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The Ocean Gets Big Data

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posted on Jul, 4 2016 @ 03:16 PM
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From:
NAUTILUS

Subtitle:
A new array of cameras, vehicles, and sensors promises to change ocean science.

By Claudia Geib
30 June 2016

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nautil.us...
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I think that for some people,” says Peter Girguis, a deep-sea microbial physiologist at Harvard University, “the ocean seems passé—that the days of Jacques Cousteau are behind us.” He begs to differ. Even though space exploration, he says, “seems like the ultimate adventure, every time we do a deep sea dive and discover something new and exciting, there’s this huge flurry of activity and interest on social media.” But the buzz soon fizzles out, perhaps because of ineffective media campaigns, he says. But “we’re also not doing a good job of explaining how important and frankly exciting ocean exploration is.”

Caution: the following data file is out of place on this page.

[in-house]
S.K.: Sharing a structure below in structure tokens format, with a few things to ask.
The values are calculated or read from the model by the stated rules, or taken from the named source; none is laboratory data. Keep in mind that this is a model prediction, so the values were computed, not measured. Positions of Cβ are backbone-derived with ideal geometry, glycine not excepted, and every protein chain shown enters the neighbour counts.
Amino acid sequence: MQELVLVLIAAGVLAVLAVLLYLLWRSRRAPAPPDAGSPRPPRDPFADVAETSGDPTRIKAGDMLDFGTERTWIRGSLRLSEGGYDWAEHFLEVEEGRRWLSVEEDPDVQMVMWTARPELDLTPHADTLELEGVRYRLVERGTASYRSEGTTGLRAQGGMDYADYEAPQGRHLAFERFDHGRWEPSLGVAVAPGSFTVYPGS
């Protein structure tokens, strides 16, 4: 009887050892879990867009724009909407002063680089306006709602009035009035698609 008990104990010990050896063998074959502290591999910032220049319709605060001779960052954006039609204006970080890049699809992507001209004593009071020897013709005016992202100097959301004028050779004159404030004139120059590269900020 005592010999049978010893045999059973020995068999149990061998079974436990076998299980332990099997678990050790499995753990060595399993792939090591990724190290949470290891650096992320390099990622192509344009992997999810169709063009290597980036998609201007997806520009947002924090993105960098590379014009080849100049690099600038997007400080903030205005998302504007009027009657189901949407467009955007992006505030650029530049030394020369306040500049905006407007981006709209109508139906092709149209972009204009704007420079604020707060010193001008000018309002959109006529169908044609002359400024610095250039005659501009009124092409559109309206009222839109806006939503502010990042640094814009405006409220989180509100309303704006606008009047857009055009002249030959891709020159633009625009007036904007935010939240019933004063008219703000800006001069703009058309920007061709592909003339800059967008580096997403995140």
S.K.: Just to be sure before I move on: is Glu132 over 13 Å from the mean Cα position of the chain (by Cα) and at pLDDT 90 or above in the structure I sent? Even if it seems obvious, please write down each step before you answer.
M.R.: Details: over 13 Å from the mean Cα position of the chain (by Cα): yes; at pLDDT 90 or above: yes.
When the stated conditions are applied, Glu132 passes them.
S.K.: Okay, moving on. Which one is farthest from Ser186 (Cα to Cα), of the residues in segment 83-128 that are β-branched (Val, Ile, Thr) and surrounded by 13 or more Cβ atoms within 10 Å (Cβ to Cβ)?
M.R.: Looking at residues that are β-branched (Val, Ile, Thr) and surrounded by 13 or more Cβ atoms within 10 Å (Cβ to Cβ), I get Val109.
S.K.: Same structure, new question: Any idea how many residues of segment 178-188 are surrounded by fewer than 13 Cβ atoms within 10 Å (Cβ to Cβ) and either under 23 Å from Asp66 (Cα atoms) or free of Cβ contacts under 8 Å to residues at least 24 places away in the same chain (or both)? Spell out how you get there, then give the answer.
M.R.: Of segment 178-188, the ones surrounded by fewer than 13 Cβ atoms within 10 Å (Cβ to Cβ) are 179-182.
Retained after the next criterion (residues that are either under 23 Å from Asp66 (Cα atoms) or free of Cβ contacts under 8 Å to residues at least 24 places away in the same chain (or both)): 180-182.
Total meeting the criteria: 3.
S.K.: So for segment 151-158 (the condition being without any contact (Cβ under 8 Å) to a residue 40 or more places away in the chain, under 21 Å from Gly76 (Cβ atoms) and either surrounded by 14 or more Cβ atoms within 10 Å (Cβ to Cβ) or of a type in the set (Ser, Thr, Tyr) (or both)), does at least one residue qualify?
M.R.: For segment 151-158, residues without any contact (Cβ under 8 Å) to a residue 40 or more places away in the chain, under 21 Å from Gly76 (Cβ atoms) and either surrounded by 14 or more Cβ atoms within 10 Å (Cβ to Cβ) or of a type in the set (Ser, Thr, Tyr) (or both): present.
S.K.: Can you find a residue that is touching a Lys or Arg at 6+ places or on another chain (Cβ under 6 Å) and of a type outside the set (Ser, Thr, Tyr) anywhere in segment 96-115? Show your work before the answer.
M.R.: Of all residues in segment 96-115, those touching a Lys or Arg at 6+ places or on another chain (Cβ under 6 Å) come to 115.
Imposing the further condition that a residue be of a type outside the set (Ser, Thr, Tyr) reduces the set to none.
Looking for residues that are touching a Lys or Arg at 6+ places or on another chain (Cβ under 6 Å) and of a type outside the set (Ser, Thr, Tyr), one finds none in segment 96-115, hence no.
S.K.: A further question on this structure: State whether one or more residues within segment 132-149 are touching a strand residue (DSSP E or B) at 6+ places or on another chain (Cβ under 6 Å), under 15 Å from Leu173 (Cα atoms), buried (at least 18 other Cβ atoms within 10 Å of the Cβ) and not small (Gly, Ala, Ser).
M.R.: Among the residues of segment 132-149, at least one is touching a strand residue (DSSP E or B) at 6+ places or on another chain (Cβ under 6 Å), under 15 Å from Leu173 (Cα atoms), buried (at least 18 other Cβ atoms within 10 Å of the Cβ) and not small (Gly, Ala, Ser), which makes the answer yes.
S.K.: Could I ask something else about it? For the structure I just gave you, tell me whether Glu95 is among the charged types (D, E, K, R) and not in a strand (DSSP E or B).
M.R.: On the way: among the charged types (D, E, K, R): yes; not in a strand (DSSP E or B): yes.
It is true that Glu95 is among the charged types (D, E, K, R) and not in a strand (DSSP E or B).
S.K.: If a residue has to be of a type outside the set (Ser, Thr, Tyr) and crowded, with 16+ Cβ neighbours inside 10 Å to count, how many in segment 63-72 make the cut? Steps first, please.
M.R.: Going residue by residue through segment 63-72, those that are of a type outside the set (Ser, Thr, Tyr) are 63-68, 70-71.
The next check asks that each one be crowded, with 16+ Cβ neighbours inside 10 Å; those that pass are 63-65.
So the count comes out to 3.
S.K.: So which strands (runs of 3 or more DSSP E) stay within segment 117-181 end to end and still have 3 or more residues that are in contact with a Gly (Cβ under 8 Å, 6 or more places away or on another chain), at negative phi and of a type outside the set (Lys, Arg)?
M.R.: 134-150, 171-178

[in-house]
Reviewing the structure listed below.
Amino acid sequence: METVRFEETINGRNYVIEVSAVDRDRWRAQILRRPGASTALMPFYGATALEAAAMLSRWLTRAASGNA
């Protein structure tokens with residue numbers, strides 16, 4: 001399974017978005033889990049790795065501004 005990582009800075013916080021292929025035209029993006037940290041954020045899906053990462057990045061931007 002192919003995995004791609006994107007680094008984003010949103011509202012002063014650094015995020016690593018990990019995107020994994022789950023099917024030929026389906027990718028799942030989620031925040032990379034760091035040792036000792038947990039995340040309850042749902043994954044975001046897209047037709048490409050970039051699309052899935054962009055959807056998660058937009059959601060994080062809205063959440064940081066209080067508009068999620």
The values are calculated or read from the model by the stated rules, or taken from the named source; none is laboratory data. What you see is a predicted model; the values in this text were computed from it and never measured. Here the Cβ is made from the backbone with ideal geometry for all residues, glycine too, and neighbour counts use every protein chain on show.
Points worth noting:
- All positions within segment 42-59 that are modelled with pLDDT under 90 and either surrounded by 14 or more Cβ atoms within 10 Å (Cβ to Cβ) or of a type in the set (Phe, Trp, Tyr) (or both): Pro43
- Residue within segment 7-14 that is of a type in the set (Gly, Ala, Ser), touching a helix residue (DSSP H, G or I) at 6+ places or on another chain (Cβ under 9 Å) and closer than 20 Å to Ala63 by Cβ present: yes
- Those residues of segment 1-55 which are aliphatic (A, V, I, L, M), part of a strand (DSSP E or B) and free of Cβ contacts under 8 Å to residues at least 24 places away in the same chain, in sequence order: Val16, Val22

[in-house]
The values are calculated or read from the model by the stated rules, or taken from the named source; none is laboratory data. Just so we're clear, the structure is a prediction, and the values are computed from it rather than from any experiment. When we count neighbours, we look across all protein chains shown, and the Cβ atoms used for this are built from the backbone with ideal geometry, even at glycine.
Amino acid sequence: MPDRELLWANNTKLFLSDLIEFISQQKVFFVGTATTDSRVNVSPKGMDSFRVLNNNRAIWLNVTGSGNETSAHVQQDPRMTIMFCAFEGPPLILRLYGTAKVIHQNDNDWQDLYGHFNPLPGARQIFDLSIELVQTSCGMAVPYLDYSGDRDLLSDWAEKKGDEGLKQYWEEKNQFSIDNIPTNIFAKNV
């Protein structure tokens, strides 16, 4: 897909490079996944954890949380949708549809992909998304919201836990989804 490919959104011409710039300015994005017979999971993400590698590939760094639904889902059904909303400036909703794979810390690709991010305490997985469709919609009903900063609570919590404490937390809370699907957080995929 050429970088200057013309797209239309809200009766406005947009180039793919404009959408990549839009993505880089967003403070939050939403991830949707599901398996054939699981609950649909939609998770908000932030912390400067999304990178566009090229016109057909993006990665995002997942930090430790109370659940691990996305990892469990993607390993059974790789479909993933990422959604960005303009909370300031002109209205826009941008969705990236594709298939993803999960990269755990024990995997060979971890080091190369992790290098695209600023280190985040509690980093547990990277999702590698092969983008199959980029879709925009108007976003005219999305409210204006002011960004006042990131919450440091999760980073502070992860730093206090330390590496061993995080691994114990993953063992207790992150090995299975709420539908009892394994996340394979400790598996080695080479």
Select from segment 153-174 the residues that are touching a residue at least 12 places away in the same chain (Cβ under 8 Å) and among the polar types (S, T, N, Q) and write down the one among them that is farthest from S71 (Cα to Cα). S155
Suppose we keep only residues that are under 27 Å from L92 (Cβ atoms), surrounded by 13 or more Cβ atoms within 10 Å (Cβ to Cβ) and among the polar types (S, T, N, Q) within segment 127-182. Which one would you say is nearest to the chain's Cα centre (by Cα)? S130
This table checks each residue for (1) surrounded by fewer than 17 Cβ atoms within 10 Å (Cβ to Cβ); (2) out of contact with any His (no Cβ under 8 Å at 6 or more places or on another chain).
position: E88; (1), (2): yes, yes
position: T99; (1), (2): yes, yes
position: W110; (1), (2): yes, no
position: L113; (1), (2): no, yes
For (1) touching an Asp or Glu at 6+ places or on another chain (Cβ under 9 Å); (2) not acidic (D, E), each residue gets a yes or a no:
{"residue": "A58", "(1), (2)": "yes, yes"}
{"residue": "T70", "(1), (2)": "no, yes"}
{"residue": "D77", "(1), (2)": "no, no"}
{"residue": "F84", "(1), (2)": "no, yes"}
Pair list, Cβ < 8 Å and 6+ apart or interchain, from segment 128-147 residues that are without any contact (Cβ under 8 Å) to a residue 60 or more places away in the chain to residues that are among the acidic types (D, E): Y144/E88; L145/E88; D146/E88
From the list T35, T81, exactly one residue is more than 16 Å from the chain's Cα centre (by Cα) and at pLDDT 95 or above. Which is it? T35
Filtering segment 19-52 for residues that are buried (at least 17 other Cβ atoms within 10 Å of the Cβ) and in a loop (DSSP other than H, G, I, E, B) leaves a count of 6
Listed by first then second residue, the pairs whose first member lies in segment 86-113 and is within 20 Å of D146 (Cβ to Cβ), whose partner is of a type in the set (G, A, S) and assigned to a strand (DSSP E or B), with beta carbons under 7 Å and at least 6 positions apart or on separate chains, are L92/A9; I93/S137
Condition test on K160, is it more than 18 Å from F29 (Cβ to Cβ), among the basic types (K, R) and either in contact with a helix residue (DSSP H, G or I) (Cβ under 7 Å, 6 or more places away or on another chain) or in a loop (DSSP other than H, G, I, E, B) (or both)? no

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That might change with the launch, this month, of the Ocean Observatories Initiative, an unprecedented network of oceanographic instruments in seven sites around the world. Each site features a suite of technologies at the surface, in the water column, and on the seafloor. Buoys, underwater cameras, autonomous vehicles, and hundreds of sensors per site will collect data on ocean temperature, salinity, chlorophyll levels, volcanic activity, and much more. Using this set of systems, oceanographers hope to address the limitations imposed by working on a ship or a single site for a limited period of time.
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How will the array aid in your research?